This article originally appeared in the January 2020 edition of Senior Scope. Article by Seth Thomas. Photos courtesy of Siobhan McDonald.

Author and artist Siobhan McDonald. Photo by Mike Dean.

Artist and author Siobhan McDonald’s recently published “Hilda’s Story” combines art appreciation with conversation.

During a presentation on Dec. 4 at the Acushnet Public Library, McDonald explored the origins of her new book, which is intended for those living with Alzheimer’s disease and their caregivers.

The book follows a loose narrative about her mother, the eponymous Hilda, but McDonald believes the true focus of her book is the conversation that derives from reading it aloud to someone who’s experiencing memory loss.

The book features black and white photographs from her mother’s youth, and, perhaps most importantly, the story includes questions that serve as prompts to begin a conversation. For instance, on a page featuring a vintage photo of Hilda in a backyard garden, a green graphic asks the audience, “Did you ever have a garden? Tell me about it.”

The idea for a book specifically geared toward those with memory loss developed initially during her time as a public educator. McDonald worked as an art teacher for more than two decades and has been trained in Visual Thinking Strategies (VTS), a teaching strategy developed by Abigail Housen and Philip Yenawine.

Visual Thinking Strategies was created to help young students think critically, and uses art as a conversation starter. Students will view a piece of artwork as a group and make observations about what they see and be asked to provide evidence of their observations.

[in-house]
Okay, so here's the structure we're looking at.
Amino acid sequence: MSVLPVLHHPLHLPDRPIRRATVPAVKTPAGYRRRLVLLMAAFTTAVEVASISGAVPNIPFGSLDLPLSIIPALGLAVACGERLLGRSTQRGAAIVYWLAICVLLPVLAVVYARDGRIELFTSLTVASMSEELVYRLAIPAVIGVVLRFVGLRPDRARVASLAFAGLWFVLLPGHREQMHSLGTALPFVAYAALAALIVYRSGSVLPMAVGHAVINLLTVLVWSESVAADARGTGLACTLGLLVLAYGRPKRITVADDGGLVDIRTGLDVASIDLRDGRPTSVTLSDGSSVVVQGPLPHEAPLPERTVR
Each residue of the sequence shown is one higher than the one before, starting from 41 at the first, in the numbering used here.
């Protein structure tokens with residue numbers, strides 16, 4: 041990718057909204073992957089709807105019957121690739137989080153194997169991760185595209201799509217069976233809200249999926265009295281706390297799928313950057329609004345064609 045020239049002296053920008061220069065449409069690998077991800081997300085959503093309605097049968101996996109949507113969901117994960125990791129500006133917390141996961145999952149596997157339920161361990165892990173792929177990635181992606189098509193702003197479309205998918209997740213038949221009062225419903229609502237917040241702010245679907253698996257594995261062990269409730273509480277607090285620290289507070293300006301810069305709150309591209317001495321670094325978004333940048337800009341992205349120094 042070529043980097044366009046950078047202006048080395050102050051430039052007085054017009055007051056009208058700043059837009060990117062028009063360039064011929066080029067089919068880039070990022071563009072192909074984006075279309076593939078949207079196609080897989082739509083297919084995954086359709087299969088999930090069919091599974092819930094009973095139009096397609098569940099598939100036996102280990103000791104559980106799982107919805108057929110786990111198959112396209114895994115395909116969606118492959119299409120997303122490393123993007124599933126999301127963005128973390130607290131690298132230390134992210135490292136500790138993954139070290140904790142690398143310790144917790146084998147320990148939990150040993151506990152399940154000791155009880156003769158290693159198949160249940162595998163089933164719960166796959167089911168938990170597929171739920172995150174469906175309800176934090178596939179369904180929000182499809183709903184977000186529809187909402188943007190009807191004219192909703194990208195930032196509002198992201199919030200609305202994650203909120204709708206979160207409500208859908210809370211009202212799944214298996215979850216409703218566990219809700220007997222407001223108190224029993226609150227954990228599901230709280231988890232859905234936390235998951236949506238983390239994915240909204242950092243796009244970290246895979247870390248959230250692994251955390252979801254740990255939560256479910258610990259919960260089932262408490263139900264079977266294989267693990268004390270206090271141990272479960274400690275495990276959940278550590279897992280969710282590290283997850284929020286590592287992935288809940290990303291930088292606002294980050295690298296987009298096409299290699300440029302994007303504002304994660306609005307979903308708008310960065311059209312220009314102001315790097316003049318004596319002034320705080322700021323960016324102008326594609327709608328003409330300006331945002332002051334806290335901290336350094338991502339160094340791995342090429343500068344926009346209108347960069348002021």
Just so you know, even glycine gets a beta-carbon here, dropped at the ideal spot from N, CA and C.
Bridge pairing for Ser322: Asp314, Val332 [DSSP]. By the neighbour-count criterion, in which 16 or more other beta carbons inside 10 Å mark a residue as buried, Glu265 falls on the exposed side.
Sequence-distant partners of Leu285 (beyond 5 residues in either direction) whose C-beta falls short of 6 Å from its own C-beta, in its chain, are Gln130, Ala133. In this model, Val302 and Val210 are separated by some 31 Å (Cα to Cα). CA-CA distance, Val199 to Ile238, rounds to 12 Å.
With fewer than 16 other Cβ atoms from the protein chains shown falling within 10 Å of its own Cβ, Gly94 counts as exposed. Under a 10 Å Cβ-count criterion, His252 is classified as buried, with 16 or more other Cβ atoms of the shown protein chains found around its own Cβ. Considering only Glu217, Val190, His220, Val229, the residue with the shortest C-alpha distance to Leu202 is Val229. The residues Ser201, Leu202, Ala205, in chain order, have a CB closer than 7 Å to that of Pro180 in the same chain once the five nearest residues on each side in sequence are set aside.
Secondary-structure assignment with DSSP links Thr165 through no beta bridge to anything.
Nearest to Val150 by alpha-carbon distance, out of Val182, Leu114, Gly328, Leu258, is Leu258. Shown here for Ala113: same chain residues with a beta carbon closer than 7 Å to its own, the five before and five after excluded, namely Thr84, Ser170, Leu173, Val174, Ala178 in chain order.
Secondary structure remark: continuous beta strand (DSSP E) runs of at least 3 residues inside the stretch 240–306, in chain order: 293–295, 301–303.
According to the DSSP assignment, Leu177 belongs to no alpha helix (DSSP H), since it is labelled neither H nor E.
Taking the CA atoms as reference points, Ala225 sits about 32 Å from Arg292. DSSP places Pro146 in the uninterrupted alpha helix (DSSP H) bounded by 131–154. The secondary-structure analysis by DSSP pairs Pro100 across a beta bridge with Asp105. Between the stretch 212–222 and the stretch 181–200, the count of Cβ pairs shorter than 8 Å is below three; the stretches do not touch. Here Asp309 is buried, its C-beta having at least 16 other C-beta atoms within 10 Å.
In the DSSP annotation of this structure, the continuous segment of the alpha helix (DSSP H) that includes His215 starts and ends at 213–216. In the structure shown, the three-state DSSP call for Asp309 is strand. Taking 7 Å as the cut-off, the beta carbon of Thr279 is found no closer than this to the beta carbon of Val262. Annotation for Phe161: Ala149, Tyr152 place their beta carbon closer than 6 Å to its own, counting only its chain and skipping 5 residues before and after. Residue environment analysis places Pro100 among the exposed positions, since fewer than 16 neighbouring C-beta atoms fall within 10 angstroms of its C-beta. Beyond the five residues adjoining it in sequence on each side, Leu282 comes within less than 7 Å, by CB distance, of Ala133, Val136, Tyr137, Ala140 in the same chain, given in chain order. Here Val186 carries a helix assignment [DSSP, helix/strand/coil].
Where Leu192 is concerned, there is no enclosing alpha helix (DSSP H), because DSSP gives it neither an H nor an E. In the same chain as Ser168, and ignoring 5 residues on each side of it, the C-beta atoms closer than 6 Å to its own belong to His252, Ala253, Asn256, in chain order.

The basic idea is that, through group discussion and social learning, students will develop reasoning skills that can be applied throughout the curriculum.

The cover of Siobhan McDonald’s book, “Hilda’s Story.”

McDonald has applied this teaching strategy outside the grade-school classroom in art appreciation workshops geared toward an audience with dementia.
During her presentation at the Acushnet Library, McDonald gave the audience a taste of how VTS functions. McDonald displayed a painting on an overhead projector – a Thomas Hart Benton work titled “Wreck of the Old ‘97” – and simply asked, “What’s going on in this picture?”

Participants pored over the details of the painting, and as the audience made observations, McDonald would paraphrase what was said or ask follow-up questions. She did not alter what was said, nor did she tell anyone that their interpretation of the artwork was incorrect.

A similar technique is commonly deployed by those who care for people with memory loss. When reasoning and explaining to a person with dementia fails, caregivers are urged to validate and redirect.

“The thing that drew me to this technique is how non-judgmental it is and how much we can feel like we can enter a work of art,” she said. “We all feel compelled to correct people. Things start opening up when you battle that compulsion and enter their world.”

She said that, while museum patrons tend to either blow through a gallery in an attempt to see everything a museum has to offer or stand silently as they observe a single work, she’s more interested in what we can learn from each other when we’re looking at art.

Across the nation, museums are beginning to offer tours geared specifically toward those with dementia and their caregivers. Docents will ask open-ended questions throughout the tour, which provides the viewer an opportunity to use their imagination and interact with art and with others.

Many of the images in her workshops feature works of art that have a narrative quality to them, and lend themselves to storytelling. Her book drills down on the concept by providing the caregiver a story to share and questions to ask the listener.

“The story would ultimately be the story that happens when you read it to someone,” McDonald explained. “If I’m reading it to someone with dementia, it’s ultimately their story. This is the jumping off point.”

Siohban McDonald’s book, “Hilda’s Story,” is out now through Granger Street Studios. For more info, visit

The Museum of Fine Arts in Boston offers art tours for individuals with memory loss or dementia, and their care partners. The group meets at 10:30 a.m. on the second and fourth Saturday of each month. Pre-registration is required. For more information, or to register, contact Ronit Minchom at 617-369-3302, or e-mail

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